25 (80%) cases of GN showed immunoglobulin deposits on immunofluorescence study, 6 (20%) cases showed absent immunoglobulin deposits. Of the 25 Immunofluorescence positive cases, 10 (40%) cases showed mesangial immunoglobulin deposits which is similar to the study by Hossain T et al, [2] 12 (48%) cases showed granular immunoglobulin deposits along the capillary wall. 3 (12%), cases showed linear immunoglobulin deposits along the capillary wall. The most frequent type of single immune deposits in various combination was C3 (88%, n=25) followed by IgG (36%), which is similar to study by Hossain T et al. [2] The most frequent combination of deposits were IgG+C3 found in 3 cases (12%, n=25), which is similar to study by Hossain T et al. [2]

Aetiology of Diffuse Mesangioproliferative Glomerular Lesions & Crescentic Glomerular Lesions

Of the 13 cases of Diffuse Mesangioproliferative Glomerular Lesions, 4 (30.7%) cases were IgA Nephropathy, 7 (53.8%) cases were Non-IgA Mesangioproliferative Glomerulonephritis and 2 (14.3%) cases turned out to be Class IV Lupus Nephritis. 5 (83%) cases of 6 crescentic glomerular lesions were Pauci-immune Glomerulonephritis (negative for ANCA) and 1 (17%) case turned out to be IgA Nephropathy on IF study. All 6 cases with Diffuse Endocapillary Proliferative change were DEPGN.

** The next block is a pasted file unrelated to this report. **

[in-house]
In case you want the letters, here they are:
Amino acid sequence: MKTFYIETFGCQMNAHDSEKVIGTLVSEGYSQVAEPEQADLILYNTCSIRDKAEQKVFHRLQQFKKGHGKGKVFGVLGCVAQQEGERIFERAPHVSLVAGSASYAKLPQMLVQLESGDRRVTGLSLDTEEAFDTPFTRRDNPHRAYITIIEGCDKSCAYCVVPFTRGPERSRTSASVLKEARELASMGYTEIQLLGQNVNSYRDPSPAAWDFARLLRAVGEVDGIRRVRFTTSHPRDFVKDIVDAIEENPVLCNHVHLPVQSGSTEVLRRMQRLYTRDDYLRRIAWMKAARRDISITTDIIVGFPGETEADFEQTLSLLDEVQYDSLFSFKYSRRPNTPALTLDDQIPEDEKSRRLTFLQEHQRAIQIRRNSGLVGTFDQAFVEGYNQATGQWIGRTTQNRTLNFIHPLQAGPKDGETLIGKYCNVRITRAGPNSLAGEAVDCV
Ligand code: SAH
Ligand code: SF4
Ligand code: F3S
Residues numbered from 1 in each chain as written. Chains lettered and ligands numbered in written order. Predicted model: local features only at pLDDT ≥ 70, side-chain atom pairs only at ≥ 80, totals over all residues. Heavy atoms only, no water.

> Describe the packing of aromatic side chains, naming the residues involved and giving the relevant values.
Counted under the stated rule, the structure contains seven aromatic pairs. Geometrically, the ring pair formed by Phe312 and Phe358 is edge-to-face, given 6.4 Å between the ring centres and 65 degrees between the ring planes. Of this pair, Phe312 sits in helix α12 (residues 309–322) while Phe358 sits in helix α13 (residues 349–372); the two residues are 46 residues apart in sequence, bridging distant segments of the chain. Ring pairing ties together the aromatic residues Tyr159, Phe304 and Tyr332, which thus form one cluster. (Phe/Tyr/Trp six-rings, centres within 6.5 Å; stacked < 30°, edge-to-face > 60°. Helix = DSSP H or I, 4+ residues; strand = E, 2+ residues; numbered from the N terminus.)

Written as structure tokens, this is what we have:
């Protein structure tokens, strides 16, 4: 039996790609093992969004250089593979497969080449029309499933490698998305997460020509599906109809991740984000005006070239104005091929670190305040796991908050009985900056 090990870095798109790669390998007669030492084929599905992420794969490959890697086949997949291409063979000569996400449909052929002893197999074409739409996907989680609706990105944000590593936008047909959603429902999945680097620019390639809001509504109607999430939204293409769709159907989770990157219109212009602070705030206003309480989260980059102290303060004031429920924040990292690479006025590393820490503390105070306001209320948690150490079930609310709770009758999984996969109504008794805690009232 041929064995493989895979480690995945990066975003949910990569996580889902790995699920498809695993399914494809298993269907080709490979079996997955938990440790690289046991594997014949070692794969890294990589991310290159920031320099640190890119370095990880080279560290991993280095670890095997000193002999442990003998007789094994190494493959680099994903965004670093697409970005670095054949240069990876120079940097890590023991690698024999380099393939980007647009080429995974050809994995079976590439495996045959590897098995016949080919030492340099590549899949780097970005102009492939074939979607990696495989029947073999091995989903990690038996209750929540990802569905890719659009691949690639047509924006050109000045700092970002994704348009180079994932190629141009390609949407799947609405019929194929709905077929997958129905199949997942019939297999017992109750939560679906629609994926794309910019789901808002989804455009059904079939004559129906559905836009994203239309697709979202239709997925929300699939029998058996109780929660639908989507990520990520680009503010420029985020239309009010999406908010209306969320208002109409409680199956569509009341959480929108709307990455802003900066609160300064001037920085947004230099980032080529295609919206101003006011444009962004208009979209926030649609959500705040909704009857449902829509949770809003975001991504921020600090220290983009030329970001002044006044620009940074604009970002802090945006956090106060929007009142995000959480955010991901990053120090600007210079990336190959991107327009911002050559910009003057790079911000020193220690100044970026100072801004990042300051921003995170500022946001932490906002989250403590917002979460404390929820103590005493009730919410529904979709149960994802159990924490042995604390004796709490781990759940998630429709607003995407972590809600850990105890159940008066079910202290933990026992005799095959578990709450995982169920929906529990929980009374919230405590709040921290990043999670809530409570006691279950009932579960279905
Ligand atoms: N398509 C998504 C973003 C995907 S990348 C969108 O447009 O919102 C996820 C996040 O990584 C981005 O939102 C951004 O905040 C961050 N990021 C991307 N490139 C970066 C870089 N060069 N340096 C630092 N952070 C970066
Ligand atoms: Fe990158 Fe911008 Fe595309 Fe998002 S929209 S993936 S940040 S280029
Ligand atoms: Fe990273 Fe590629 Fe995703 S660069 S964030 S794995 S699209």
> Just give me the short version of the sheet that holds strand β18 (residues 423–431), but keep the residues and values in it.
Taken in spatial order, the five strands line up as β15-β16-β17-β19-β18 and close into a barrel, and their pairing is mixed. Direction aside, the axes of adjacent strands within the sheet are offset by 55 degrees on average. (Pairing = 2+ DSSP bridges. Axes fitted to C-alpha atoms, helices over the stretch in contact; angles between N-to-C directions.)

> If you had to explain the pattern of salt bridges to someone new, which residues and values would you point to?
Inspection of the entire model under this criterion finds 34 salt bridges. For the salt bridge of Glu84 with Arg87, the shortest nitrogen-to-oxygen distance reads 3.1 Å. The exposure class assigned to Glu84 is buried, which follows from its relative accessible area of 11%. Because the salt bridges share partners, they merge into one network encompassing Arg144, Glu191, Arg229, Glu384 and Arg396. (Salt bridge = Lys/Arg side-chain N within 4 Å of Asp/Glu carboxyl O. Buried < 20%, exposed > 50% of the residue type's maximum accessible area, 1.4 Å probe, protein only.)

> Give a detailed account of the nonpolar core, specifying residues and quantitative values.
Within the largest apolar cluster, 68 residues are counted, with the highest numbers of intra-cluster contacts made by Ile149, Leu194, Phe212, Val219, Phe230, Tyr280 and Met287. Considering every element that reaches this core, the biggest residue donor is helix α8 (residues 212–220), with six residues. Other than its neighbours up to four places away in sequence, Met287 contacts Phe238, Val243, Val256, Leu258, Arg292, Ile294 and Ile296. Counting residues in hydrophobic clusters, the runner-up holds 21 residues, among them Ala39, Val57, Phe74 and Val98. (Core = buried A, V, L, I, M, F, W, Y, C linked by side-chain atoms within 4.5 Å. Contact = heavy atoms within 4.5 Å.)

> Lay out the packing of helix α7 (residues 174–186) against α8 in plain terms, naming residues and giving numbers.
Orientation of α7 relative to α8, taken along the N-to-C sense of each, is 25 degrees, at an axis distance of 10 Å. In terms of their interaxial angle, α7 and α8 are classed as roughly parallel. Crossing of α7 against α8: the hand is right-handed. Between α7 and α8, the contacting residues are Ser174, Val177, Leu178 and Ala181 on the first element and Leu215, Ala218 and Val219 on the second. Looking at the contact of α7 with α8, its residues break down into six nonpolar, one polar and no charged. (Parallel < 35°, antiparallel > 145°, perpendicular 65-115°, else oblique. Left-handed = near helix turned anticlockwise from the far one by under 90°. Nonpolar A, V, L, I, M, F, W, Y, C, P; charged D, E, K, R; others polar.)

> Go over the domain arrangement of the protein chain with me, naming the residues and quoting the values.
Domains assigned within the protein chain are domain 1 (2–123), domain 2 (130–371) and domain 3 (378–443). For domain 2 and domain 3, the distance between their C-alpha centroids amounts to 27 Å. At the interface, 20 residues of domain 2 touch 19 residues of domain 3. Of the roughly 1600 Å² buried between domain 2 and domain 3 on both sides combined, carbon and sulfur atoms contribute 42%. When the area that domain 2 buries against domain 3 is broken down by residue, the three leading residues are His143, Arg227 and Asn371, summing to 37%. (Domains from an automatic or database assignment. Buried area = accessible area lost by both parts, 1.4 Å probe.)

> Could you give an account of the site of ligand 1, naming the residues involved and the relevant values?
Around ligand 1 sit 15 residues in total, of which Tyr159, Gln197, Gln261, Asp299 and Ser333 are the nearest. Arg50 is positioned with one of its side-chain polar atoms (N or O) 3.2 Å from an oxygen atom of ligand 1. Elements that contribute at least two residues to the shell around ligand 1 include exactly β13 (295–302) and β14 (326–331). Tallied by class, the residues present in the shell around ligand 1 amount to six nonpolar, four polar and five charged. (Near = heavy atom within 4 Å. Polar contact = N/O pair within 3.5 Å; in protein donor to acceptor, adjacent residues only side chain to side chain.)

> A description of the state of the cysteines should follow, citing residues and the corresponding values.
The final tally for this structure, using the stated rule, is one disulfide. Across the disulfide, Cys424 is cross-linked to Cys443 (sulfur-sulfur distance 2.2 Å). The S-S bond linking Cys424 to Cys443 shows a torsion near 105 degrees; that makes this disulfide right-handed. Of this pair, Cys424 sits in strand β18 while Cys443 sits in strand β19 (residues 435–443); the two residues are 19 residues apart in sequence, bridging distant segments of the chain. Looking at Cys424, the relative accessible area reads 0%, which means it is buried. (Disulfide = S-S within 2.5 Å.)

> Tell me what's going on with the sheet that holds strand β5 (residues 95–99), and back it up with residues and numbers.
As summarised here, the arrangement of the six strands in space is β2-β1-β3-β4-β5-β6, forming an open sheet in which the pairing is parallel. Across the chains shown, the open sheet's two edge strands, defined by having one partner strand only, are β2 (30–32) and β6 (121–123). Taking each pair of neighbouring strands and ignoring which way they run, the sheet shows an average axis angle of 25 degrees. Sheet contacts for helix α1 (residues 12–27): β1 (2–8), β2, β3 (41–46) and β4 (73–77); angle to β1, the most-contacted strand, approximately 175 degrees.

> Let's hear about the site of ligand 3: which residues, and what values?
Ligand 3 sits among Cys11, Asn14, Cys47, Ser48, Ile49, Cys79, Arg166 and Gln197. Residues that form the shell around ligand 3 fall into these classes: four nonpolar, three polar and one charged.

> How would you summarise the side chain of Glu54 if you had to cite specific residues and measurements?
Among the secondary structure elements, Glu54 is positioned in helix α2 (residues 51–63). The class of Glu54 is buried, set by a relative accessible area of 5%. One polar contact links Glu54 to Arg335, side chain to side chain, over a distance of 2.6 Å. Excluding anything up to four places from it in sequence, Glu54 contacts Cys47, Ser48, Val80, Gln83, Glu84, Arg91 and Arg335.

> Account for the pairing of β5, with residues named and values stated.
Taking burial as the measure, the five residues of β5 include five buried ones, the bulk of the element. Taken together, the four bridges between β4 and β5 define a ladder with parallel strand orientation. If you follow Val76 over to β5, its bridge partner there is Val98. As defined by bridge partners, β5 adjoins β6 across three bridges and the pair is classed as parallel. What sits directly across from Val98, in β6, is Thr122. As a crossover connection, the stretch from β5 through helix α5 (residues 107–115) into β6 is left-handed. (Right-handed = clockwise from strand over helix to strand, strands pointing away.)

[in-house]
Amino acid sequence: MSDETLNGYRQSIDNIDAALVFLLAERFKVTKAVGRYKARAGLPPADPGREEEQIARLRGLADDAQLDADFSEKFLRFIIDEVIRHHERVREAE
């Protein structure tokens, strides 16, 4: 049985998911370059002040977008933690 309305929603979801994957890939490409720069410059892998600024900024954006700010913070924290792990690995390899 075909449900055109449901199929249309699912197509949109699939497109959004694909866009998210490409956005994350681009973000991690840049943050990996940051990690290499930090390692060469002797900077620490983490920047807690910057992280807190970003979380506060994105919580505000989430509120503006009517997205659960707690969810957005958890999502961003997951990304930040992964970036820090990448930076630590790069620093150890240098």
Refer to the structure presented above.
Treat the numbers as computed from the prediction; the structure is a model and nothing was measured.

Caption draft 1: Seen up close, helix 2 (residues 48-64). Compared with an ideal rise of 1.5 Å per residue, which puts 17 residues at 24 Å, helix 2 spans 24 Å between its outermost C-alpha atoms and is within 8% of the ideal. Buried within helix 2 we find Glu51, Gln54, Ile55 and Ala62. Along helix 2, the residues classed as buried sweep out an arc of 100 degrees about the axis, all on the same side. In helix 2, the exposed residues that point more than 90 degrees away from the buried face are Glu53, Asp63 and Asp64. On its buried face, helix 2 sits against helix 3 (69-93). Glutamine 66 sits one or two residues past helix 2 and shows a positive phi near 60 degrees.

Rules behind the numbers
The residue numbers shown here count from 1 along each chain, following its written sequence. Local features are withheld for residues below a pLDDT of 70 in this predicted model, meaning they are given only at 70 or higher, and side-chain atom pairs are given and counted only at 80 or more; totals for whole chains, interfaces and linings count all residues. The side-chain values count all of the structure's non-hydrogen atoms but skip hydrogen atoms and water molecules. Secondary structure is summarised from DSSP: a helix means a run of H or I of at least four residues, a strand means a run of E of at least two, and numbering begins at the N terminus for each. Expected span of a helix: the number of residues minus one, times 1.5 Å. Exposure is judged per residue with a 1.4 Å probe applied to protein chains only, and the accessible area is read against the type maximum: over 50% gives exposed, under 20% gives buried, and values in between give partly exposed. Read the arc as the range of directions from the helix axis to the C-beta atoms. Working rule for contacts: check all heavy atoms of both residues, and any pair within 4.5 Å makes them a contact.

1 case with both Diffuse Endocapillary and Diffuse Mesangial Proliferative glomerular change was confirmed as IgA Nephropathy.

Aetiology of Glomerular Lesions

25 (81%) cases were Primary Glomerular lesions, 2 (6%) cases were Secondary Glomerular lesions and 4 (13%) cases turned out to be Chronic Sclerosing Glomerulonephritis.

In the present study, primary glomerular lesions constituted 81% of the total cases which was in concordance with other studies. Among the Primary Glomerular lesions, 7 (28%) cases were Non-IgA Mesangioproliferative Glomerulonephritis, 6 (24%) cases were IgA Nephropathy, 6 (24%) cases were Diffuse Endocapillary Proliferative Glomerulonephritis (DEPGN), 5 (20%) cases were Pauci-immune Crescentic Glomerulonephritis and 1 (4%) case was Membranoproliferative Glomerulonephritis (MPGN).